Everything you need to know for the 2014 hurricane season

NOAA Announces 2014 Atlantic Hurricane Season Outlook

Forecasters say there will be eight to 13 tropical storms, three to six of which will become hurricanes.

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    NEWSLETTERS

    The National Oceanic and Atmospheric Administration predicted a near to below-average 2014 Atlantic hurricane season Thursday. NBC 6's John Morales has more on the outlook.

    The National Oceanic and Atmospheric Administration predicted a near to below-average 2014 Atlantic hurricane season Thursday.

    Forecasters predict eight to 13 tropical storms, three to six of which will become hurricanes. One to two of those hurricanes could grow in strength and become Category 3 or higher storms, according to NOAA.

    The seasonal numbers for 2014 are expected to be lower than average, but forecasters say even below-average seasons can produce hurricanes. Hurricane preparedness plans are key for making it through the season.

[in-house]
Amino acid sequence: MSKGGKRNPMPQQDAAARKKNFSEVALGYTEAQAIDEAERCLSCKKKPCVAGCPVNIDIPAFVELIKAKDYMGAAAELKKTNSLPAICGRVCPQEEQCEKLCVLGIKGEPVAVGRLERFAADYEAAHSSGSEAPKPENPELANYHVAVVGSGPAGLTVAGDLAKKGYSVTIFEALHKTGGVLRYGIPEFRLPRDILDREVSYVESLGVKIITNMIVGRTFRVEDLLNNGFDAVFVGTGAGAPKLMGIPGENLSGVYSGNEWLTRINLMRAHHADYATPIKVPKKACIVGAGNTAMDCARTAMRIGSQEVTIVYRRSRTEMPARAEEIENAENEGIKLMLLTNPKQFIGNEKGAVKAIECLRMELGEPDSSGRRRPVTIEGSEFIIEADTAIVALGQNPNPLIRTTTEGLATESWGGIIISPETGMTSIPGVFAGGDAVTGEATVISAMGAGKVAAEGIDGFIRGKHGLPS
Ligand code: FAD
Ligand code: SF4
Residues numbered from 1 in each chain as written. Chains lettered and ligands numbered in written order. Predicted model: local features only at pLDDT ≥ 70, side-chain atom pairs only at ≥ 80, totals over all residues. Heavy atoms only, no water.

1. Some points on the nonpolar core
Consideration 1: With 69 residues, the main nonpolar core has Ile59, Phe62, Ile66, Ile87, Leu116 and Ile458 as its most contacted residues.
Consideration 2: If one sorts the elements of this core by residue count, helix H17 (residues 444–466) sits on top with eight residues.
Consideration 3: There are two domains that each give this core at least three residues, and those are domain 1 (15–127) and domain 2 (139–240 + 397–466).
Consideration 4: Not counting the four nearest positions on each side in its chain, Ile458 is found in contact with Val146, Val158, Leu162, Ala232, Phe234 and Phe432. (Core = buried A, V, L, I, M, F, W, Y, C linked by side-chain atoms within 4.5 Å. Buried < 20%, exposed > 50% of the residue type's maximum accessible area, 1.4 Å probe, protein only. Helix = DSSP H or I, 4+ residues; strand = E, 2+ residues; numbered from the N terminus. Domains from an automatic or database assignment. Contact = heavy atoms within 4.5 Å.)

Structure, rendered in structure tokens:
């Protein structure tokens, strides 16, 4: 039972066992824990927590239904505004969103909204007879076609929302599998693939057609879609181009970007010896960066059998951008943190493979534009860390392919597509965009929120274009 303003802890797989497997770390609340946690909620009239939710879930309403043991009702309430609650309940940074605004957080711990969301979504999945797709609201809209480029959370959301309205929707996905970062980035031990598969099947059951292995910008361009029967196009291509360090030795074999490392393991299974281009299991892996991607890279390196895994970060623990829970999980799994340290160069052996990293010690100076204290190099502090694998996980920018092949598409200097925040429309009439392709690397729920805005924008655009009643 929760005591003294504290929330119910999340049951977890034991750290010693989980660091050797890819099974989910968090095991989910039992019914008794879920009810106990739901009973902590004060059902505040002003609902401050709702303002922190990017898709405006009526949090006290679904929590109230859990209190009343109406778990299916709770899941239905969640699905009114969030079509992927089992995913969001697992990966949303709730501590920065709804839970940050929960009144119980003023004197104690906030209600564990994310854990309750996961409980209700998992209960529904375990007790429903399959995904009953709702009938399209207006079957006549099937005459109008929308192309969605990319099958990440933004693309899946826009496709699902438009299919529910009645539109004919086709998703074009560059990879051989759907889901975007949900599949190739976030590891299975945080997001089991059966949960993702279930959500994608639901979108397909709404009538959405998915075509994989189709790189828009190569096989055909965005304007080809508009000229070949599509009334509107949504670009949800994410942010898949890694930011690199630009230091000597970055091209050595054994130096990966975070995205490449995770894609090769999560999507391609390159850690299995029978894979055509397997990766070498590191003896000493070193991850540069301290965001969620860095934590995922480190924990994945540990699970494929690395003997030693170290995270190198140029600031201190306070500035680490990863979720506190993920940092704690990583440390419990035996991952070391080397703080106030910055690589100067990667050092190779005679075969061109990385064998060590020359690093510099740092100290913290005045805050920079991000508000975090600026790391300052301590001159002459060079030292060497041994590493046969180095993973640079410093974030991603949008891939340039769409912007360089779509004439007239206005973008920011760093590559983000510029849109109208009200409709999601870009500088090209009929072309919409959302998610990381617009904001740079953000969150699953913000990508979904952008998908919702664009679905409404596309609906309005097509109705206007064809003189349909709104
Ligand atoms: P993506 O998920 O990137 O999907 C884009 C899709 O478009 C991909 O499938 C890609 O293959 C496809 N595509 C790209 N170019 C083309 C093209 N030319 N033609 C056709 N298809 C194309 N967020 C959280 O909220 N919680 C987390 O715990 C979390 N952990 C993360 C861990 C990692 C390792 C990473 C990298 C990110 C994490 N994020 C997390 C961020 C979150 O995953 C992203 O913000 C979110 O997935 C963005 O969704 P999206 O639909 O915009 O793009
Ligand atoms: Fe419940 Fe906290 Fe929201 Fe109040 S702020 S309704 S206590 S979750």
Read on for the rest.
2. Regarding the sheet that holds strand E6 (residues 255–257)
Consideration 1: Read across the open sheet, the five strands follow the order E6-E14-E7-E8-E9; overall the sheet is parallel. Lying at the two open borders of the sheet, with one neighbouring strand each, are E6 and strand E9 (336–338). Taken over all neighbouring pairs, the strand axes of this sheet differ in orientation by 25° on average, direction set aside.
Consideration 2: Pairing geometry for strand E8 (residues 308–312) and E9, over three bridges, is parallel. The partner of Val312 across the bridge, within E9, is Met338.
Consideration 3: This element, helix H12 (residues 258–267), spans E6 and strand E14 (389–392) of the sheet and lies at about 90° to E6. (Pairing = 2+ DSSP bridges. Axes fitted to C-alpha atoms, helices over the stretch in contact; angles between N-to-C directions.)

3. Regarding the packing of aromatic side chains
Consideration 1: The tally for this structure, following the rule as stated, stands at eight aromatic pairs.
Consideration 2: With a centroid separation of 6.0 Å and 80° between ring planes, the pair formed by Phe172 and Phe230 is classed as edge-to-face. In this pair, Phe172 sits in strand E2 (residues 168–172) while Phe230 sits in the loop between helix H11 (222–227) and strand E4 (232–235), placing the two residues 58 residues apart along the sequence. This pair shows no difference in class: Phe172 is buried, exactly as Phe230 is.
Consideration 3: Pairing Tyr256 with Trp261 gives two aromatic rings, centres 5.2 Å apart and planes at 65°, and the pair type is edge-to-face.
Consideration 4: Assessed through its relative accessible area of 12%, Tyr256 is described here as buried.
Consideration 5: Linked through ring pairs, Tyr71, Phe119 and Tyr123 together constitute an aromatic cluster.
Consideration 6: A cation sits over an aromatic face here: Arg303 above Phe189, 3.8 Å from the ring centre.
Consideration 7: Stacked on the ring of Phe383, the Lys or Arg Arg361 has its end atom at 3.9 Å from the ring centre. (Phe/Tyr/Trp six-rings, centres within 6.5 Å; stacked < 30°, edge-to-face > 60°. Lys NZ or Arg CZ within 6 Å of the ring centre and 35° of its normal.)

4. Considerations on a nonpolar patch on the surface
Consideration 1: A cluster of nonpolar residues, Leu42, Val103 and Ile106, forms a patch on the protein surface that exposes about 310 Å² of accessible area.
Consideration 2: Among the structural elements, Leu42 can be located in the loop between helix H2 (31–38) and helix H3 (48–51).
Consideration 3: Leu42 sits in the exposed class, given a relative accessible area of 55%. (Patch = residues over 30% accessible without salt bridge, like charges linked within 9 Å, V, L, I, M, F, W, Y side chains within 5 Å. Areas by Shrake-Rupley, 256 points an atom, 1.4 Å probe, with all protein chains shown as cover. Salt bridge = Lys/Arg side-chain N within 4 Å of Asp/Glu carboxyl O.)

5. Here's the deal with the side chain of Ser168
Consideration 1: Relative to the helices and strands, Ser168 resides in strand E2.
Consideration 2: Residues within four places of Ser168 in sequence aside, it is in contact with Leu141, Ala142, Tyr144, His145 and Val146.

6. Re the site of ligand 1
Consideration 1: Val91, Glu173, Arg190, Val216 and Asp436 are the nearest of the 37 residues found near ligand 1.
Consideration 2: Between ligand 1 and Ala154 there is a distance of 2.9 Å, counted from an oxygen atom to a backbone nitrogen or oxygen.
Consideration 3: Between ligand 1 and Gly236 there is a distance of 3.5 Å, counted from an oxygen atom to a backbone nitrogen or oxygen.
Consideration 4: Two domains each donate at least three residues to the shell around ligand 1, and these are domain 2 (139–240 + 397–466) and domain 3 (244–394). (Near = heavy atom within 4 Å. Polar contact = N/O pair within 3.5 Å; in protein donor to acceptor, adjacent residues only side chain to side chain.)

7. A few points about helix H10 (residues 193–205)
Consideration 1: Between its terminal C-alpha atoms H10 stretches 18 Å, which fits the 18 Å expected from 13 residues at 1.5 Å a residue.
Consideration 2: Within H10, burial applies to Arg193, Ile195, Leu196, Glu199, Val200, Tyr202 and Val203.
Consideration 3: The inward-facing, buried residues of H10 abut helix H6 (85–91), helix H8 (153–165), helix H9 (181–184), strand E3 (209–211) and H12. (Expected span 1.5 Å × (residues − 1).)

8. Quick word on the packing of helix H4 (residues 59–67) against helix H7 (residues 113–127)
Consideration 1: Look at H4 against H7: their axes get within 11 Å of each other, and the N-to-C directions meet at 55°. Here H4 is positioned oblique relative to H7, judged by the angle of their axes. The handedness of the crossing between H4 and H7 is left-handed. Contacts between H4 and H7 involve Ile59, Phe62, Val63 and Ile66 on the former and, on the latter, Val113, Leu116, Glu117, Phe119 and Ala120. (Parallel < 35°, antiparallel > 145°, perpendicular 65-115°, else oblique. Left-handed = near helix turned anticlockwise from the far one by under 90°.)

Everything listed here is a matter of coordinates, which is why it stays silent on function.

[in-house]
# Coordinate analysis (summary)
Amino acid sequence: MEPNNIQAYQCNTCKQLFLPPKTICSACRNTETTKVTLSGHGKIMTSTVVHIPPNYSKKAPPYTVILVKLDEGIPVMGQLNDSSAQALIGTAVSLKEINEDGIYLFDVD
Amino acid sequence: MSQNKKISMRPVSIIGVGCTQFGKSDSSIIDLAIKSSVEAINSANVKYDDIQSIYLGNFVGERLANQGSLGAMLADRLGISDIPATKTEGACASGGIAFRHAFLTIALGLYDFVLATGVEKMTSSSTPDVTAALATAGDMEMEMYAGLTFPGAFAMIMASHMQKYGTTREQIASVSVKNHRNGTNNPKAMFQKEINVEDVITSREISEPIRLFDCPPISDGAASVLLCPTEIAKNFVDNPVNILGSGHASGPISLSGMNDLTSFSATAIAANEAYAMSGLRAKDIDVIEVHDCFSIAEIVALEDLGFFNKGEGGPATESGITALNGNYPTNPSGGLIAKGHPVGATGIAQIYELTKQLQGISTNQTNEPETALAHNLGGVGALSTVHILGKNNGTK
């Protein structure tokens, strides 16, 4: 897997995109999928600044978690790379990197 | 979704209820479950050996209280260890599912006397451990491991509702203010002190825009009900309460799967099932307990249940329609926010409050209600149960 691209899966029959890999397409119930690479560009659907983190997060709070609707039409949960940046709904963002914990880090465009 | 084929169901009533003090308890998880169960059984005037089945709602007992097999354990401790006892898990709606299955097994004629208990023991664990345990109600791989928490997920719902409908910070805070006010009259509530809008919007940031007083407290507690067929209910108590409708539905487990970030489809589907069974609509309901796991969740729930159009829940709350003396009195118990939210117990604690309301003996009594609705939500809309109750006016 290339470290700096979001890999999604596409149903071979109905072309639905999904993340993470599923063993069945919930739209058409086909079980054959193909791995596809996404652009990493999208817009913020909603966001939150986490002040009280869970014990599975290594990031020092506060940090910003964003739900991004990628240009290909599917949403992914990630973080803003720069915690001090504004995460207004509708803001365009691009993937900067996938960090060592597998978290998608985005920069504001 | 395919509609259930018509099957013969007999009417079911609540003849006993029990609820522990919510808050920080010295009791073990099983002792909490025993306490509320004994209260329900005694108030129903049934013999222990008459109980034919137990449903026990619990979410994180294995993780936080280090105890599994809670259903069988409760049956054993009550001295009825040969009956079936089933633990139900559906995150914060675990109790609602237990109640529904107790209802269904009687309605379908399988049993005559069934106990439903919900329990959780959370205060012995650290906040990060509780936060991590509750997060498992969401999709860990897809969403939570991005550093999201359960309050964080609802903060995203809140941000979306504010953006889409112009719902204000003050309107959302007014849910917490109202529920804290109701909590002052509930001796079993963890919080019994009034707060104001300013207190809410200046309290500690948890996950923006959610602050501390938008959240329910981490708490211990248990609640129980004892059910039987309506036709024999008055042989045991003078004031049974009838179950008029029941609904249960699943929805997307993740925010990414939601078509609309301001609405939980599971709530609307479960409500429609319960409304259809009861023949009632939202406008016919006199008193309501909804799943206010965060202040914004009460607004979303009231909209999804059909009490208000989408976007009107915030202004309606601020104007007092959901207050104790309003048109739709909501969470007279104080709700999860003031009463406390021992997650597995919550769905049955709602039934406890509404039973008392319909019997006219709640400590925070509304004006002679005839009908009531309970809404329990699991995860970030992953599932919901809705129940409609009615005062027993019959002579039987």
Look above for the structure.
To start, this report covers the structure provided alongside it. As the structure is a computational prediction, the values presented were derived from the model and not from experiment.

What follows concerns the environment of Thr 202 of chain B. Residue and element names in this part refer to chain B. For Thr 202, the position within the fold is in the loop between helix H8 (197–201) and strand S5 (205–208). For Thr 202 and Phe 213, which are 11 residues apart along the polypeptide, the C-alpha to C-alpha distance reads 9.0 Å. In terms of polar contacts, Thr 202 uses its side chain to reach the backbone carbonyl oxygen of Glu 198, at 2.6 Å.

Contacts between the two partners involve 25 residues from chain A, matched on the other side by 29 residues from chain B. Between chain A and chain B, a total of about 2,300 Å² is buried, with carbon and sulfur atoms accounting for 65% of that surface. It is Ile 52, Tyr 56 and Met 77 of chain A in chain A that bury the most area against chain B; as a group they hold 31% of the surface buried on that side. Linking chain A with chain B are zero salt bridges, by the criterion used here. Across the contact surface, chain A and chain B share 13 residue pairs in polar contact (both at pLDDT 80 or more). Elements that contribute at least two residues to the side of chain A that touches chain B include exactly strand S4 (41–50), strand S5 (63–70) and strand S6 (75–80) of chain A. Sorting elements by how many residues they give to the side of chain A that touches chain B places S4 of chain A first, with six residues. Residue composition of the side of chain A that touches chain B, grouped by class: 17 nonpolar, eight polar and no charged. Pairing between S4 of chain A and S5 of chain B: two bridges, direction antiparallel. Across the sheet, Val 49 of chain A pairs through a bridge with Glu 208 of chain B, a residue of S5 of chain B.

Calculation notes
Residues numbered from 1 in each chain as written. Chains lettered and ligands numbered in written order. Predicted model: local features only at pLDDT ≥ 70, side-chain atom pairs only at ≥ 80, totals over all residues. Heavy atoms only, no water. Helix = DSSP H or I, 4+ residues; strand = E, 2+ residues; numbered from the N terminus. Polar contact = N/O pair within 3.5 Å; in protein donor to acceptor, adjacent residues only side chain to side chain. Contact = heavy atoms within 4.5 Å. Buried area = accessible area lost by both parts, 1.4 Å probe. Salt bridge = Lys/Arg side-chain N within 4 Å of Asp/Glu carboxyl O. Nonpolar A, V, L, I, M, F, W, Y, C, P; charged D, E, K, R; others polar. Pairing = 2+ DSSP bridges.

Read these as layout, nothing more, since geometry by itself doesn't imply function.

There is a 50 percent chance there will be a below-normal season, a 40 percent chance there will be a near-normal season, and only a 10 percent chance there will be an above-normal season, according to NOAA.

    Forecasters said the possibly average or below-average season would be caused by the anticipated development of El Niño in late summer or early fall. El Niño would causes stronger wind shear, which suppresses hurricane activity.

    The six-month hurricane season begins June 1.

    The 2013 hurricane season was unusually quiet, with 13 named storms, only two of which became hurricanes - Ingrid and Humberto. It was the fewest number of hurricanes in a season since 1982 and was the sixth least active hurricane season since 1950 in terms of collective strength and duration of named storms and hurricanes, according to the Florida Division of Emergency Management.

    Only two storms impacted Florida in 2013. Tropical Storm Andrea made landfall on June 6 and produced floods and tornadoes. Remnants of Tropical Storm Karen crossed northern Florida on Oct. 6.

    Read the full NOAA outlook here.